https://hmrctransition.blog.gov.uk/2014/03/13/prioritising-work-for-hmrc-transition/

Prioritising work for HMRC transition

The HMRC transition is the largest agency transition to GOV.UK. The HMRC website has:

  • 13 million page views each week (this figure excludes page views on the online services that require the user to log in);
  • 100,000 pages of content; and
  • hosts about 100 tools and calculators.

Prioritising work on a project as large as this is complicated by the complexity of user journeys and many dependencies, but of all of the principles that are guiding our work, and I will cover in this blog post, user needs is the most important.

User needs by topic

The first principle guiding our work is user needs. The main purpose of this project is not simply to move HMRC onto GOV.UK, but to better meet user needs. We therefore start the process of transition with user needs analysis, which we manage at a topic-by-topic level.

With our colleagues in HMRC, we have split the HMRC website into more than 50 topics, eg Charities, PAYE, VAT and Tax credits. We analyse the user needs for each topic and create user stories that form the basis of the topic’s content plan and our understanding of the need for new products and content types on GOV.UK.

This analysis also helps us understand user needs in content that overlaps with other topics and with other agencies. For example, HMRC shares user needs about charities with the Charity Commission, and about limited companies with Companies House.

Prioritising each topic

User needs analysis also helps us to prioritise topics by:

  • traffic volumes, using data from HMRC contact centre traffic, paper post and web analytics - we want to make sure the topics that cater to the needs of the largest number of people are prioritised
  • impact on users - we also want to make sure the topics that make the biggest difference to users are getting a proportionate amount of our attention

Prioritisation is also influenced by:

  • the work GDS is doing to meet product gaps on GOV.UK
  • peak periods for HMRC users and compliance areas
  • HMRC subject matter expert availability (often related to the peak periods)
  • HMRC digital transformation project dependencies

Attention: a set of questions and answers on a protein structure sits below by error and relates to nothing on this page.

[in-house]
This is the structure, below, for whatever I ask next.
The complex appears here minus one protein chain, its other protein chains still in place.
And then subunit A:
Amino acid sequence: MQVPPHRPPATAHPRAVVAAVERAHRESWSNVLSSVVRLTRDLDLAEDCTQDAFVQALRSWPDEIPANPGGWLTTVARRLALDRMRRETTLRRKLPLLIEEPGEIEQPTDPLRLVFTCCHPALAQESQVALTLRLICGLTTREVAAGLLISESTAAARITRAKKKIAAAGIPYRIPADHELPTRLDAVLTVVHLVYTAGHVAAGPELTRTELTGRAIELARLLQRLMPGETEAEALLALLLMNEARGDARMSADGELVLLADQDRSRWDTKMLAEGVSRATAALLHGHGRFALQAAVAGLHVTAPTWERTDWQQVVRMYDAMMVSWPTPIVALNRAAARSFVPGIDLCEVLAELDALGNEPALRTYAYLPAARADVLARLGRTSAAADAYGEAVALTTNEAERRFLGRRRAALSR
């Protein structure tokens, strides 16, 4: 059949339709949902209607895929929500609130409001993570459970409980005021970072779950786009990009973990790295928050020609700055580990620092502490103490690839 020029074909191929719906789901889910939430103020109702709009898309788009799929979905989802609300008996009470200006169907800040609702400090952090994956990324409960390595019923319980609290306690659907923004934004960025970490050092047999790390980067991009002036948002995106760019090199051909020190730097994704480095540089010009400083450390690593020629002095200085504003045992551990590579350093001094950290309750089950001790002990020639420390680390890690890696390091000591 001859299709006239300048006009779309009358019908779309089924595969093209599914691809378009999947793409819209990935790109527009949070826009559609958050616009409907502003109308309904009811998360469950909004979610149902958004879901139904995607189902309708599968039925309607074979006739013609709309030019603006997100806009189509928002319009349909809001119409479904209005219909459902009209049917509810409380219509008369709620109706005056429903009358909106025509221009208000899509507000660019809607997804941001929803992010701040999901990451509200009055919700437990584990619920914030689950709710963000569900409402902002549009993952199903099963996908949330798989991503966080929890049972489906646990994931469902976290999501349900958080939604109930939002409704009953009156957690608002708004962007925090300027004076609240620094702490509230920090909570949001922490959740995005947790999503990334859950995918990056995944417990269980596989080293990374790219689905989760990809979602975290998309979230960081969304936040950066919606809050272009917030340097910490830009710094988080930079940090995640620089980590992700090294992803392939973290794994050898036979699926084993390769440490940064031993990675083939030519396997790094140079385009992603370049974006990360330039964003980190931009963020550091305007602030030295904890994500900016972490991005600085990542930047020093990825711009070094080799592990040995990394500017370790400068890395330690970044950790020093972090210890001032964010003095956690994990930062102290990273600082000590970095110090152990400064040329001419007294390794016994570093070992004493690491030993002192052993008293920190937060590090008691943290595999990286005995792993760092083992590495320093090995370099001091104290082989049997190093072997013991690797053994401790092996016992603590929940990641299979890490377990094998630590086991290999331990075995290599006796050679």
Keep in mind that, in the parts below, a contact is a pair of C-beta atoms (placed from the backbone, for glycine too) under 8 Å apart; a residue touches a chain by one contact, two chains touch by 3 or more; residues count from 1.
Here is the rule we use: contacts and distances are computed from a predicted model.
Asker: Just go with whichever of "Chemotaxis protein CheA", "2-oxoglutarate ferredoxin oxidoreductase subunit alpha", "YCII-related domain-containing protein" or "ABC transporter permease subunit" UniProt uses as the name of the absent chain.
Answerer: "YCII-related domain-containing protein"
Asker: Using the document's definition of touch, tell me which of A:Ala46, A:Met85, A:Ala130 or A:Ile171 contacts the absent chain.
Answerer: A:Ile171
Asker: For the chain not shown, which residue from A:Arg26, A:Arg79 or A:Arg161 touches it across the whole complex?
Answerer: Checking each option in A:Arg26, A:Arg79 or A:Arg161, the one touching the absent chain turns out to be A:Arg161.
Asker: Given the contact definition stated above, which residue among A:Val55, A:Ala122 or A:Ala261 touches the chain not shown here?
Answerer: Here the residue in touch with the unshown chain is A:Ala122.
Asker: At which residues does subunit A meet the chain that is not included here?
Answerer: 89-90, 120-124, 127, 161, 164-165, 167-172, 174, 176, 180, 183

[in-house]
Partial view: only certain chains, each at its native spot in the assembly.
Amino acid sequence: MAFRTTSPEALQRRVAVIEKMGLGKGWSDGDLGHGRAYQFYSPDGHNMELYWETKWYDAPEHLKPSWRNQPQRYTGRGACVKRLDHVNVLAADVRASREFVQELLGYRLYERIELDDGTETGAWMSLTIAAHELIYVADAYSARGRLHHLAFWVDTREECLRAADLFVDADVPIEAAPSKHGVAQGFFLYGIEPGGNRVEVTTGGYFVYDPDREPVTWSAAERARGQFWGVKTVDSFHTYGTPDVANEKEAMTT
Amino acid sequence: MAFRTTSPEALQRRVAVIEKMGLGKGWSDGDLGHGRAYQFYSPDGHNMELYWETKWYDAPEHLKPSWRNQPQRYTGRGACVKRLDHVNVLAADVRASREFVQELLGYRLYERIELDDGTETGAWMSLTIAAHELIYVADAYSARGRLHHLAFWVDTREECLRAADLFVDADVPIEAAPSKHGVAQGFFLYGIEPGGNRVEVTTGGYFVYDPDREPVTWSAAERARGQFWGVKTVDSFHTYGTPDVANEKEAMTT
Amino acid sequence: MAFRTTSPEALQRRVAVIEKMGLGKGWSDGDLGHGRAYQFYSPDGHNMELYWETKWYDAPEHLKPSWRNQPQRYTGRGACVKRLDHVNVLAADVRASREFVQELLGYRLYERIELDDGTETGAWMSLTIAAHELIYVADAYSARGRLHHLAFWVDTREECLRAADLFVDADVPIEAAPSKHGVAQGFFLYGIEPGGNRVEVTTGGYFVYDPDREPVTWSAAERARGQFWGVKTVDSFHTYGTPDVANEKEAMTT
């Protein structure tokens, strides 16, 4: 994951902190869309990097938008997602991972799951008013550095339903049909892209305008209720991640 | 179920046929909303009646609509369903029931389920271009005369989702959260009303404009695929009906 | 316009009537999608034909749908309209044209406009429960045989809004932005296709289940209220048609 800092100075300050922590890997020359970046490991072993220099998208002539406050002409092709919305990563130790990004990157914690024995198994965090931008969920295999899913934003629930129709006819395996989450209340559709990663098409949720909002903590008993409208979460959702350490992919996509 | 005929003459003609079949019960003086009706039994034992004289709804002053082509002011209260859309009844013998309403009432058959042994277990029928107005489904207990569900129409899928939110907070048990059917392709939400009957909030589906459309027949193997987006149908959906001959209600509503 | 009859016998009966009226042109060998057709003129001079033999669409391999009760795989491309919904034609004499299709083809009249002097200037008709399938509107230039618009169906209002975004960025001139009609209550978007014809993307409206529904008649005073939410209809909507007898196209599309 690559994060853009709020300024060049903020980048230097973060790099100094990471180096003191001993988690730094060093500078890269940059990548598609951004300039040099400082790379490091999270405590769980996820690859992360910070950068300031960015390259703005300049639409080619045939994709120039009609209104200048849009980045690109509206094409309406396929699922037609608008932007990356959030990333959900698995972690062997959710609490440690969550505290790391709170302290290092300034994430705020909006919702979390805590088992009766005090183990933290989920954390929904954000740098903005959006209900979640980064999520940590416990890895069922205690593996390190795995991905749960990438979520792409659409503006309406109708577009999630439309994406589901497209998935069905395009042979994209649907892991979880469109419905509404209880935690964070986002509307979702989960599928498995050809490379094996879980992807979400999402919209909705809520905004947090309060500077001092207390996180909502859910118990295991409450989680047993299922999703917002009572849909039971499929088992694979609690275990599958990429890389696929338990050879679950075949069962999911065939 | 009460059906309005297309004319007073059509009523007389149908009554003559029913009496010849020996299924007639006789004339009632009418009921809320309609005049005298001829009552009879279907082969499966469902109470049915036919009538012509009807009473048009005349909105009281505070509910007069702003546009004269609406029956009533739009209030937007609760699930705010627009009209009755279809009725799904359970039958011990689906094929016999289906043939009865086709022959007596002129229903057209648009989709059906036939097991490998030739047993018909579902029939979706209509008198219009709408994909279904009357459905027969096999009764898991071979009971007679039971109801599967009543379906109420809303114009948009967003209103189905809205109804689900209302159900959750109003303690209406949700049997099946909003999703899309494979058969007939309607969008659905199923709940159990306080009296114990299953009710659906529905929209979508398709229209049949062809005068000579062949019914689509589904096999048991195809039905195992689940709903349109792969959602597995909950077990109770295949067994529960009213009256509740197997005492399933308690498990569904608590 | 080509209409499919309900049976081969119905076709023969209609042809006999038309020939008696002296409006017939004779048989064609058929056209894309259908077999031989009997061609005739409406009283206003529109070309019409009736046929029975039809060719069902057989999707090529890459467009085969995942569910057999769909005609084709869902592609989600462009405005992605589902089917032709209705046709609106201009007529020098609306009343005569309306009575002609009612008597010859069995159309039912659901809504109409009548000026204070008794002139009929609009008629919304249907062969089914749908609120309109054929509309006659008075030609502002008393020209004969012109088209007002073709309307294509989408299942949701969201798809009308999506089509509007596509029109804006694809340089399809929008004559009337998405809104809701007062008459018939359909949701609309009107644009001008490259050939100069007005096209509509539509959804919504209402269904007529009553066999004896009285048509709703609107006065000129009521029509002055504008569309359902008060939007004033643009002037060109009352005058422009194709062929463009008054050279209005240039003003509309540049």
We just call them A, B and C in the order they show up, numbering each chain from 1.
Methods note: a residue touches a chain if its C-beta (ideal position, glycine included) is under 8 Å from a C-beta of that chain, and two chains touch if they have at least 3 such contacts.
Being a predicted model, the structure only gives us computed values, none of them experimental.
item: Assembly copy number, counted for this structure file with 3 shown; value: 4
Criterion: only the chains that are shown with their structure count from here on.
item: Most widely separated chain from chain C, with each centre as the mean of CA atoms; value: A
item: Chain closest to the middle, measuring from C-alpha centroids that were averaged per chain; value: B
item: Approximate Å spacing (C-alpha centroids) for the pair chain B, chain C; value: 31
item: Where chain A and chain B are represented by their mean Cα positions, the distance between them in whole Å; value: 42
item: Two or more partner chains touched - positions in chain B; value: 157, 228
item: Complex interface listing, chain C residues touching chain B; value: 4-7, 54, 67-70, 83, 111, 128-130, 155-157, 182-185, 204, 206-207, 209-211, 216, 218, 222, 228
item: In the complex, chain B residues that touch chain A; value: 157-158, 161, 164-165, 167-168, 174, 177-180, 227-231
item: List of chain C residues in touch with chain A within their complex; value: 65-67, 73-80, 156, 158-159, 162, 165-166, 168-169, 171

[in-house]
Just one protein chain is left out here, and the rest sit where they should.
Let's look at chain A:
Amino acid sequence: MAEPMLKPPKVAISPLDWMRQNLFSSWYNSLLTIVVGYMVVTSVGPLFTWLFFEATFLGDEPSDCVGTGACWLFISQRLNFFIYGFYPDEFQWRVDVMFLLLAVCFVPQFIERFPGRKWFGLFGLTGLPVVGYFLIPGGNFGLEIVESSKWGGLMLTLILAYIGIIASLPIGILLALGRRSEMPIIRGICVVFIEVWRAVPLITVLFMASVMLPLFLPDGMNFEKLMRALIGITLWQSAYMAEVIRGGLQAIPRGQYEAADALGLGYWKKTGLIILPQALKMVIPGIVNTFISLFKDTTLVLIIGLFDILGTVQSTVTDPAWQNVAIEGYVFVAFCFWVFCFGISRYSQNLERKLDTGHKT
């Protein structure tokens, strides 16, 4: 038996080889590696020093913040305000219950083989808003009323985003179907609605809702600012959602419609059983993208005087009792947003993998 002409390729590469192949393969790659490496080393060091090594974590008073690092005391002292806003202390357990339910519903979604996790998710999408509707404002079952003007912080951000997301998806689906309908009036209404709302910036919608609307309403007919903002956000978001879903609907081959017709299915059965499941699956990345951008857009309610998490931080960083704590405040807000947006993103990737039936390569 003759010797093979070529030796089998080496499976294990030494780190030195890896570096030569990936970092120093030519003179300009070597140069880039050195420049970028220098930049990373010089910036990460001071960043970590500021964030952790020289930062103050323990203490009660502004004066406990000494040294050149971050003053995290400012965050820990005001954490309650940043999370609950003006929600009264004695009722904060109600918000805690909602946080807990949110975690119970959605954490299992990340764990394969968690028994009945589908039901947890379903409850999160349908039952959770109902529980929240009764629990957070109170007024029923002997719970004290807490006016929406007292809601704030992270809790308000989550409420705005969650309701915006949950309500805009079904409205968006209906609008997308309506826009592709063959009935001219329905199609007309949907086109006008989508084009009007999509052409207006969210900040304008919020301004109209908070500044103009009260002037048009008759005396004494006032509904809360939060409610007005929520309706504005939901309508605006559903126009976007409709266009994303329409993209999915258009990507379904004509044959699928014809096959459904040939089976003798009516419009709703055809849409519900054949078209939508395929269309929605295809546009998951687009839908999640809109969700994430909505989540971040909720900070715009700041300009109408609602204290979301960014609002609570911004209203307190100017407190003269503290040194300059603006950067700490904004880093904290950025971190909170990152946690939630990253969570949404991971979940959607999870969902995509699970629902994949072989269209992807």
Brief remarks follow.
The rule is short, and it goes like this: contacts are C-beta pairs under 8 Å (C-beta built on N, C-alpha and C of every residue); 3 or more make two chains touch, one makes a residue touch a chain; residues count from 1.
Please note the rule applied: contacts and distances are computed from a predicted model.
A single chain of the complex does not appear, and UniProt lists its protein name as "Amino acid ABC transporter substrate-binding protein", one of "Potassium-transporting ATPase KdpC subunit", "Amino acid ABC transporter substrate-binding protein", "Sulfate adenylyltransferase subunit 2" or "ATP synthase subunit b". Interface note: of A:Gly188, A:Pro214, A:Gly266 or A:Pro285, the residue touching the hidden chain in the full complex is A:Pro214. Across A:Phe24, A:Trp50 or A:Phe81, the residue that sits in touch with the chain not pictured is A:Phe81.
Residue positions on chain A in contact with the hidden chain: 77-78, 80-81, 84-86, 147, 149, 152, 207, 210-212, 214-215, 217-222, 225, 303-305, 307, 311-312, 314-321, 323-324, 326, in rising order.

Dependencies on product gaps

Some topics (and other agencies) have user needs that can’t be met by putting content into the existing content types or by the functionality GOV.UK currently offers. GDS has established a specialist team to build GOV.UK into a website that can also meet these needs. The team are using the discovery work from the HMRC transition team to build new features on GOV.UK to meet those needs, for example meeting the needs of tax specialists to keep updated with a feed of the latest from HMRC (previously "HMRC What's new").  Prioritisation of HMRC content topics relies heavily on the prioritisation and delivery planning within the GOV.UK specialist team, eg without a specialist browse structure or the front end for the HMRC manuals it isn’t yet possible to transition a topic with a large amount of specialist content such as Corporation Tax.

Peak periods for HMRC users and compliance areas

There are periods of peak activity for certain topic areas, eg self assessment for personal tax in the October and January peak filing periods. This gives us windows of opportunity to transition particular pieces of content when usage is not at a peak, to minimise the disruption for users. It also ensures the business area within HMRC that review the content is available to work on transition.

HMRC subject matter expert availability

An HMRC subject matter expert must review and fact check all content before it can be released on GOV.UK, so we factor into our planning the periods when those experts are available to deal with the additional workload of transition.

HMRC digital transformation project dependencies

HMRC has 4 digital transformation exemplar projects but also many other digital projects delivering new functionality that will make it easier for users to fulfil their tax obligations. We are building content that will support and link to those services, which means we need to co-ordinate the release times for some topics with the launch of those new systems.

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